Other parts of the ground have been rotavated, gradually maturing with tufts of grass and lichens.
Andy said: 'The idea is to strip all the natural nutrients out of the soil and create a nutrient depleted environment. The Brecks have always had a history of poor soil, but the natural plant community do not need a lot of nutrients.
'It is a perfect habitat for the stone curlew, all they need is a shallow depression in the ground adorned with a few rabbit dropping for camouflage and a few stones.
'People gave up trying to farm crops in this area of the Brecks long ago, the only way was to keep the land long-term fallow and farm it one year in every 20 years.'
Dartmoor ponies and sheep were brought in to graze the land and further encourage the original plant life and wildlife, while rabbits are also a key element as they help with the bare ground by digging holes and turning over the soil.
But with the regeneration of small parts of forest in the Brecks Heathland Project, species began re-appearing; plants with names such as Spanish catchfly (which is only found in Breckland), spiked speedwell, basil thyme, Breckland thyme, purple-stem cat's-tail and maiden pink.
In turn, the unusual moths and butterflies that went with them, the basil thyme case-bearer or the lunar yellow underwing moths, for example came back.
And then the birds followed: the stone curlew, nightjar and woodlark that nest on the ground.
The Brecks Diversity Audit has already shown that in this part of the world there are 2,500 species from the smallest beetles, and snails to birds and mammals.
'Ecologically, there are more rare species in the Brecks than there are on the Broads, and the aim of the project is to see these survive and be retained,' said Andy.
Sharon Hearle, who is the regional officer for Butterfly Conservation, said: 'My concern has been over the moths and butterflies that have declined but now we have got a grant to implement the management of bare ground in a number of different locations we can tell whether we have an increase in species in some areas better than others.
'We have got good results already but it is an ongoing project and some will take many years before we really know how well they have done.'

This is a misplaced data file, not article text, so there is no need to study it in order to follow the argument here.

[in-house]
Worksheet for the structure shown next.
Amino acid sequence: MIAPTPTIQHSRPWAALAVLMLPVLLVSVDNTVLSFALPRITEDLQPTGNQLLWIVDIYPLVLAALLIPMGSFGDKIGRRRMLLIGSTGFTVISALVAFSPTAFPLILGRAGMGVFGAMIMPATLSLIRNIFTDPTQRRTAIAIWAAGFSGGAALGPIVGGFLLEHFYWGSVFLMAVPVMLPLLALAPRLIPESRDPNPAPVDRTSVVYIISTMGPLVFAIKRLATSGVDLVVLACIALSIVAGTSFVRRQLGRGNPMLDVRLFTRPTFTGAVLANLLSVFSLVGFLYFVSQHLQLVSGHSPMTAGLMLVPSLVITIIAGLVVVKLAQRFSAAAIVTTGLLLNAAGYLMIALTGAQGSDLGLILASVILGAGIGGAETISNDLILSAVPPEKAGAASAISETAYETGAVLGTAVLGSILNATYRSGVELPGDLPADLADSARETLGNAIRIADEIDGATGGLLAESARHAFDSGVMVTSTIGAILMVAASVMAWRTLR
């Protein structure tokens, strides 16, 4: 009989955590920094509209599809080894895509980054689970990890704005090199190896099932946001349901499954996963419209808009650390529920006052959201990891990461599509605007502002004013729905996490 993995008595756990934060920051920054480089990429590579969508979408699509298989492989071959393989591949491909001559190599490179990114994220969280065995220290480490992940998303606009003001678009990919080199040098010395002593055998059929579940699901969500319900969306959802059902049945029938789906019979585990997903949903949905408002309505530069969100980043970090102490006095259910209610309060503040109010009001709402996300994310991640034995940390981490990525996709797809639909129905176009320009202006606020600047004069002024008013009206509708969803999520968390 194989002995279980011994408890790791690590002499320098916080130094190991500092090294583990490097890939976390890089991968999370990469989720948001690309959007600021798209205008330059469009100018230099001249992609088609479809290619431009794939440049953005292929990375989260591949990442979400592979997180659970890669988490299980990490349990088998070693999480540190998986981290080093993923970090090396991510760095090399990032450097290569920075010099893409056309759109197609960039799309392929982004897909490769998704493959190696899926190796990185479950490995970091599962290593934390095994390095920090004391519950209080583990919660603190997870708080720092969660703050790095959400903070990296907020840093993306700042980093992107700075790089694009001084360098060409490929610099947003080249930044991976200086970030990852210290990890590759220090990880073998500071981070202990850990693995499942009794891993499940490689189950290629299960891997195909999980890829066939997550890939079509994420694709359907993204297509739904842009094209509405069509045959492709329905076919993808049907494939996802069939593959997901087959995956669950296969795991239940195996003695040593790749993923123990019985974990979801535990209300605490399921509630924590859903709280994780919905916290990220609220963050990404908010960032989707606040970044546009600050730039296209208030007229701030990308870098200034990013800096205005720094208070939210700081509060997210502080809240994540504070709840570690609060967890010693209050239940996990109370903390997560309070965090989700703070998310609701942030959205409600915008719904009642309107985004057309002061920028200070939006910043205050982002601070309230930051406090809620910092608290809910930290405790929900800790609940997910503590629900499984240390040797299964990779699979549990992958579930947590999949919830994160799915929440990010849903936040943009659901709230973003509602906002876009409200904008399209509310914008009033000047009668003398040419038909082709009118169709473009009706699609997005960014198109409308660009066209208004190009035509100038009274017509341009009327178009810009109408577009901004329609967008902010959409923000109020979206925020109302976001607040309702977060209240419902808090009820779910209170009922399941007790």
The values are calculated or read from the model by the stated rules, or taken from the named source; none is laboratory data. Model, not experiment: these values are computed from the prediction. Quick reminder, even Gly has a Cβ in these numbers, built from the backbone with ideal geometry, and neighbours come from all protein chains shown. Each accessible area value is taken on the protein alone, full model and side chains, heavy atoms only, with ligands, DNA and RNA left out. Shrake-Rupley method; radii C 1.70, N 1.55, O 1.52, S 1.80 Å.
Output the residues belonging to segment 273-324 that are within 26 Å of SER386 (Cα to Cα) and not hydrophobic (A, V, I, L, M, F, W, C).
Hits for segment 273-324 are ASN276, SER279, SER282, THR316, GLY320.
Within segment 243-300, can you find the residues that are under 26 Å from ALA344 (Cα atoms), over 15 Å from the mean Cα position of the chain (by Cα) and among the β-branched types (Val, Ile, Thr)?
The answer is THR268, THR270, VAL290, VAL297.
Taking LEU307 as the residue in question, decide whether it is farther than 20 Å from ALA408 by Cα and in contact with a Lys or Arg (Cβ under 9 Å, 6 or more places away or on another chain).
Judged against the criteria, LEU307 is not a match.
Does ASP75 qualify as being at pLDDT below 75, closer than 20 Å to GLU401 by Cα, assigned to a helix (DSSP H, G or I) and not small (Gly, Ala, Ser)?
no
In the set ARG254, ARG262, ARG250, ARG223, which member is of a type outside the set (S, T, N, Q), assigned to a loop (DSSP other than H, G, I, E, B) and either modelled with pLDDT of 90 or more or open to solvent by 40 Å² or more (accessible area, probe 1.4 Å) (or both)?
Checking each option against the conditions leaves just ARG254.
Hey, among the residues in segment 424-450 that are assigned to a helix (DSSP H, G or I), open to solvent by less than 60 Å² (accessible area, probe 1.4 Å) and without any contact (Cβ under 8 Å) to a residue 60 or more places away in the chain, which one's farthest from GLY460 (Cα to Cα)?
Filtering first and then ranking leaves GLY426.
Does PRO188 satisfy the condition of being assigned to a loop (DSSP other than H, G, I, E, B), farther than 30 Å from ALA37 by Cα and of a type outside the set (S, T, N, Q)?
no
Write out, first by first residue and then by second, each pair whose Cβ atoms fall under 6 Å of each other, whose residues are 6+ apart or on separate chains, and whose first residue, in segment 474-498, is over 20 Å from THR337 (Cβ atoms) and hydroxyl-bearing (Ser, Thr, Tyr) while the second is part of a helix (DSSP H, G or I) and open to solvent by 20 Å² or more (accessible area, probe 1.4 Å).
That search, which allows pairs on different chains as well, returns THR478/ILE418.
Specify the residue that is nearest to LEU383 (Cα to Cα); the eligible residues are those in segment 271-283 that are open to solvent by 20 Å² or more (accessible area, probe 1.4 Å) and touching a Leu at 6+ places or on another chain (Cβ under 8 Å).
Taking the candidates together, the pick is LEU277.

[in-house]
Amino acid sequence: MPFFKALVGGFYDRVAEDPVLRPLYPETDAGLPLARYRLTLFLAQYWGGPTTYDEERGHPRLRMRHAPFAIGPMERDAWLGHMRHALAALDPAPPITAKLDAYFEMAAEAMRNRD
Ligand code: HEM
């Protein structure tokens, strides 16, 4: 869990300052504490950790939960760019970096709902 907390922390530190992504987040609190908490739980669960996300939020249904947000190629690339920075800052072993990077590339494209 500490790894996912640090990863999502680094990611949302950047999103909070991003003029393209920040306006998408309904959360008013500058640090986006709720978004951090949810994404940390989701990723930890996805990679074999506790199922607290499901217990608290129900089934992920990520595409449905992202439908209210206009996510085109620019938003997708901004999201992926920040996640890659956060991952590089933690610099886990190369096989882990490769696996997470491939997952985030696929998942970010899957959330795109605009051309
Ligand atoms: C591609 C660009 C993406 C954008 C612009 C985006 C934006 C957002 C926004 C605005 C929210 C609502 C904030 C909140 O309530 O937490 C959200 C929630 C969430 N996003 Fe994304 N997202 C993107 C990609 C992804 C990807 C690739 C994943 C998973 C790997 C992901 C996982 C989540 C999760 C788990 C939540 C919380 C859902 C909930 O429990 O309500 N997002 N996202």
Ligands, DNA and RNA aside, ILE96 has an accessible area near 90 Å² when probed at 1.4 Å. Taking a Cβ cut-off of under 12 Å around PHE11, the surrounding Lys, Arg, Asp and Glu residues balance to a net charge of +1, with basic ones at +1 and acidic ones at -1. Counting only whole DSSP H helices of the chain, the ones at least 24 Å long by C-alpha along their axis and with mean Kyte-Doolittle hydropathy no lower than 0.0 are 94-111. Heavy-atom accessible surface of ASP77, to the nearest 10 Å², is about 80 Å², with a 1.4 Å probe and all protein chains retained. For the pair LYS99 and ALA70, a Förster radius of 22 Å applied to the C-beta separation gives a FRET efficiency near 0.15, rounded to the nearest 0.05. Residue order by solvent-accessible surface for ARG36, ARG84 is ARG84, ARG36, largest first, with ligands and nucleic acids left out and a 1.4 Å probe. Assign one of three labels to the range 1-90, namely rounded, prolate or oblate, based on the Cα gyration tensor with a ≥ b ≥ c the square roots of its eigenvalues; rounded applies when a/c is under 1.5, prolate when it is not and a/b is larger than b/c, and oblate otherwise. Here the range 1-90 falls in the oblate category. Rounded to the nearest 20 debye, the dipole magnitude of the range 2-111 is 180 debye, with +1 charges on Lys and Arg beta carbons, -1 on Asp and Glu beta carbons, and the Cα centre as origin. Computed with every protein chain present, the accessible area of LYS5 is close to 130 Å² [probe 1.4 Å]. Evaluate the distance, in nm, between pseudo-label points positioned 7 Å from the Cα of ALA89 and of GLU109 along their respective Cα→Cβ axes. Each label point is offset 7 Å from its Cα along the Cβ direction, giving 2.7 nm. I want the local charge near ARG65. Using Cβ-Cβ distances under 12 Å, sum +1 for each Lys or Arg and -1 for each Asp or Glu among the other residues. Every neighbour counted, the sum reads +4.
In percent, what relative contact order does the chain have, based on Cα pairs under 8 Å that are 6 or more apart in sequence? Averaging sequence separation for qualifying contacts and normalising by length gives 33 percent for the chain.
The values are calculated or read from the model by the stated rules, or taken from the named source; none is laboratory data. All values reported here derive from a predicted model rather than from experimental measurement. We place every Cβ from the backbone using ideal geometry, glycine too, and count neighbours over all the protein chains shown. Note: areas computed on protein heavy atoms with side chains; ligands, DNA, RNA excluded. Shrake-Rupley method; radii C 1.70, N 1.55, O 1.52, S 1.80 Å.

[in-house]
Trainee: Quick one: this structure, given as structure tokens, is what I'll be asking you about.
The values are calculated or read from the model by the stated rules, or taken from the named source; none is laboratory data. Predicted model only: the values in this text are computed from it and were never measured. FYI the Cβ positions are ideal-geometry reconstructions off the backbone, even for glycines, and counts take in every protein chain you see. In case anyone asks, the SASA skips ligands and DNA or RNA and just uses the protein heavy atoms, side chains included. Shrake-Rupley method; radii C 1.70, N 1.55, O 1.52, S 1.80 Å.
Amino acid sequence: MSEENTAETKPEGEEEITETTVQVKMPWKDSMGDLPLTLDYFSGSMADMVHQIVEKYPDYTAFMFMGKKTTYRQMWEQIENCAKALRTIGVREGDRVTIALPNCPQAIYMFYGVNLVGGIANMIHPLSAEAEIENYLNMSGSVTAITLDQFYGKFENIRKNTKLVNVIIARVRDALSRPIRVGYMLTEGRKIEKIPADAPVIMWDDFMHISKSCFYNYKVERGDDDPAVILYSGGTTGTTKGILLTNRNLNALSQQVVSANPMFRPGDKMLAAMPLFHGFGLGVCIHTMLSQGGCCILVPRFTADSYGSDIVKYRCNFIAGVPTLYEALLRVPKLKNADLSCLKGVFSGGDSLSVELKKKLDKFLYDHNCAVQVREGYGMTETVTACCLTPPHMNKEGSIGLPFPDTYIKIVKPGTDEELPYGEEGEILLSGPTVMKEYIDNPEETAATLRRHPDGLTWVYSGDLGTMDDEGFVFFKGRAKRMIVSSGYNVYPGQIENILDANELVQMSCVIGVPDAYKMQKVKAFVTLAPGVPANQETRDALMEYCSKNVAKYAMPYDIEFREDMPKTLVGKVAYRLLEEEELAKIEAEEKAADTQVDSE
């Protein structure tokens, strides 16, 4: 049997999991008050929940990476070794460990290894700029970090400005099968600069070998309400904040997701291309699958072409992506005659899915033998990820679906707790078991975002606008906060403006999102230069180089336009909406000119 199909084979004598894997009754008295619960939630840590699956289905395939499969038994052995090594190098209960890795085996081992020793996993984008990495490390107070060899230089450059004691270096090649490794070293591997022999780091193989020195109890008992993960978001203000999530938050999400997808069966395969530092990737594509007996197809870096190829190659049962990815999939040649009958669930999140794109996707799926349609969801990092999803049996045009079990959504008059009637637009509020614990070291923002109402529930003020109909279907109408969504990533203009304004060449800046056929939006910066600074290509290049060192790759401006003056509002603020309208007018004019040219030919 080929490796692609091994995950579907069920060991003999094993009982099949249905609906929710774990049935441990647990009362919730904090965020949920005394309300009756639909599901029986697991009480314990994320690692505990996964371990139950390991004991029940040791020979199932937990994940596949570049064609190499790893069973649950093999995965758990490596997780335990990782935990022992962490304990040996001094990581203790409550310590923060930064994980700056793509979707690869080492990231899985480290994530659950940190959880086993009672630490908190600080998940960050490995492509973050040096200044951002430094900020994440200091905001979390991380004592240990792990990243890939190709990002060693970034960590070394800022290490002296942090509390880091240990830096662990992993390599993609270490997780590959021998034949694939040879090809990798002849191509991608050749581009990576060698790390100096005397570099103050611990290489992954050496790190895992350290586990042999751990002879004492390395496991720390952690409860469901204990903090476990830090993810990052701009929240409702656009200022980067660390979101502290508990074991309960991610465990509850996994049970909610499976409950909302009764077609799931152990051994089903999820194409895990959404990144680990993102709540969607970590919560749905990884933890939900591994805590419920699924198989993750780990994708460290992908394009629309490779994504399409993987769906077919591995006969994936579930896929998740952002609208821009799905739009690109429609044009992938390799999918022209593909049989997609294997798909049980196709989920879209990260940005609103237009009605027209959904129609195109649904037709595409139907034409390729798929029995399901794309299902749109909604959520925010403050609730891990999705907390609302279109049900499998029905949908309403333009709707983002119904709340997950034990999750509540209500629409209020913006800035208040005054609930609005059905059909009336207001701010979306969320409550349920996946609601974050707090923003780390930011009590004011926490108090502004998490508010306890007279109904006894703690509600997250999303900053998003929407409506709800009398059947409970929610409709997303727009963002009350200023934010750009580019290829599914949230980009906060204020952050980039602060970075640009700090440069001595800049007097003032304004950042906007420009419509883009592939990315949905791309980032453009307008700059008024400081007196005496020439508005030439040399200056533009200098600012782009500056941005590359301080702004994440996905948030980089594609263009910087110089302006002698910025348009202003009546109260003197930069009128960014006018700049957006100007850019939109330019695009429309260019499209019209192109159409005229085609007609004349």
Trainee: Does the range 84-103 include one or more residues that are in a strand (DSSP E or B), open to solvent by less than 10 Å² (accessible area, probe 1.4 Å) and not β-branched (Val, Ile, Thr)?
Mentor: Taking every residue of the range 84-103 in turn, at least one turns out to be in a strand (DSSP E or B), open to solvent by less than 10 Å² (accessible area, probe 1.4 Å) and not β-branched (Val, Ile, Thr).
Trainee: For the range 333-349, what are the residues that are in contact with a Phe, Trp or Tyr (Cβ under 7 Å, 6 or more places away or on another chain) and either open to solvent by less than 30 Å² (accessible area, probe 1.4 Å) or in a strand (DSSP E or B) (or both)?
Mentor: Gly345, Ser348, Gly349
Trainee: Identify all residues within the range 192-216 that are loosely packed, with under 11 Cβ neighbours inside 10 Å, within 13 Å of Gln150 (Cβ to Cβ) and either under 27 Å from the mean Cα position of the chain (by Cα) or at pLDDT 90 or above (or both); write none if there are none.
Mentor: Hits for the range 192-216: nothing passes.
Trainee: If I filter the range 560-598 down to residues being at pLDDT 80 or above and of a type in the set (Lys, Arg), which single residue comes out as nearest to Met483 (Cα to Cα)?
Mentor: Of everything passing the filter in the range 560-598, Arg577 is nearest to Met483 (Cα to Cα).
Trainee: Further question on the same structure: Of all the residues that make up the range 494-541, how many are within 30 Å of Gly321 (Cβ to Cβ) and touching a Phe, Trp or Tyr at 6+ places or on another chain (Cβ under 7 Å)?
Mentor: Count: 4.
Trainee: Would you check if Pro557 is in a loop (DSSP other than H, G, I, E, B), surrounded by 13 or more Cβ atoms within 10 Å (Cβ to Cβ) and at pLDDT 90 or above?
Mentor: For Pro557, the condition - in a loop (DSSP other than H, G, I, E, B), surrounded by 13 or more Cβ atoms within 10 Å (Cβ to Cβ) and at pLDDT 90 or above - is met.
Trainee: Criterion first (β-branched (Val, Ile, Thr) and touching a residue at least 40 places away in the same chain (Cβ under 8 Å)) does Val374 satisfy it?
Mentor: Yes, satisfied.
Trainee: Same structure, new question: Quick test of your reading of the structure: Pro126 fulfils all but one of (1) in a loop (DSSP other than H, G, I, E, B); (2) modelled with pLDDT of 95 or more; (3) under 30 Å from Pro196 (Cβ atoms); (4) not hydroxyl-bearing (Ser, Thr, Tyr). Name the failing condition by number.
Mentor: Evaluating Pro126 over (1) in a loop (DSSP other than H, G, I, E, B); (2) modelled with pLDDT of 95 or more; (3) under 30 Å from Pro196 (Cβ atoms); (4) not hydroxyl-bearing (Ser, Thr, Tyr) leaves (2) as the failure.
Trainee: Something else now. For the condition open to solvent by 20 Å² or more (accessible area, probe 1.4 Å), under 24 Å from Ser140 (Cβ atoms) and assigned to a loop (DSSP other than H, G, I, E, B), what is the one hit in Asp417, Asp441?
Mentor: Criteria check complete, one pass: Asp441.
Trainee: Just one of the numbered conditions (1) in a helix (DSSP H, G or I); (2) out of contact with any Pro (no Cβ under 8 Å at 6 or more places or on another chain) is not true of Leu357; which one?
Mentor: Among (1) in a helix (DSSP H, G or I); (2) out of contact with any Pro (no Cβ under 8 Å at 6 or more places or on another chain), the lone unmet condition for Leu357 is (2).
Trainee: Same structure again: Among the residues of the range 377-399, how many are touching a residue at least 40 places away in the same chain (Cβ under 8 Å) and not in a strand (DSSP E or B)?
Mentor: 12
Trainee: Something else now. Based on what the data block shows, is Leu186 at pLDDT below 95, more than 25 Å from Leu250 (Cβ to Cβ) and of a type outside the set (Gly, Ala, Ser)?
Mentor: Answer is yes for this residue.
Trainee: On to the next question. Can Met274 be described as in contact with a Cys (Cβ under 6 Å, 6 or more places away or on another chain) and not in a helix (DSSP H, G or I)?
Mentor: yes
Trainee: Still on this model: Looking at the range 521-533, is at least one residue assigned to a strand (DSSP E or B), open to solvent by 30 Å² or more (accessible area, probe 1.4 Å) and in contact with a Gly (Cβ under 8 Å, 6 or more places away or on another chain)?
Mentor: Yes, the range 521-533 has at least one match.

As the plant life returns, so do the creatures that rely on them such as the basil thyme case bearer, which is a type of moth only found in the Brecks and feeds on the basil thyme.
'It is not that these species are almost extinct,' explained Sharon, 'they have found places within the forest to continue but their numbers are really low and this is about reviving and regenerating them.'
'This project is about preserving endemic species but people come from far and wide searching for the moths and plants the Brecks, it is a special part of the world here.'
Some of the areas involved in the project have public access, while others do not such as Hockwold Heath but it is near Weeting Heath, where there is a NWT visitor centre and viewing hide where people can see the stone curlews without disturbing them.
The stone curlews are the star attraction, arriving in Breckland from Africa in March and staying until September. Breeding numbers have been low in the last two years because of the adverse weather conditions but the project leaders are hopeful that conditions will be better for nesting Stone curlews in the summer of 2014.
'We will know how successful we have been by monitoring the bird and plant life. Year on year there has been an increase in nesting pairs of stone curlew and we have got a presence of plants and moths so there has been a return on the investment,' said Andy.
'Despite the weather over the past two years affecting the stone curlews, we are hoping for a better year this year – perhaps four or five nesting pairs on Hockwold Heath and the same at Weeting, but I definitely won't be counting my stone curlew chicks before they've hatched.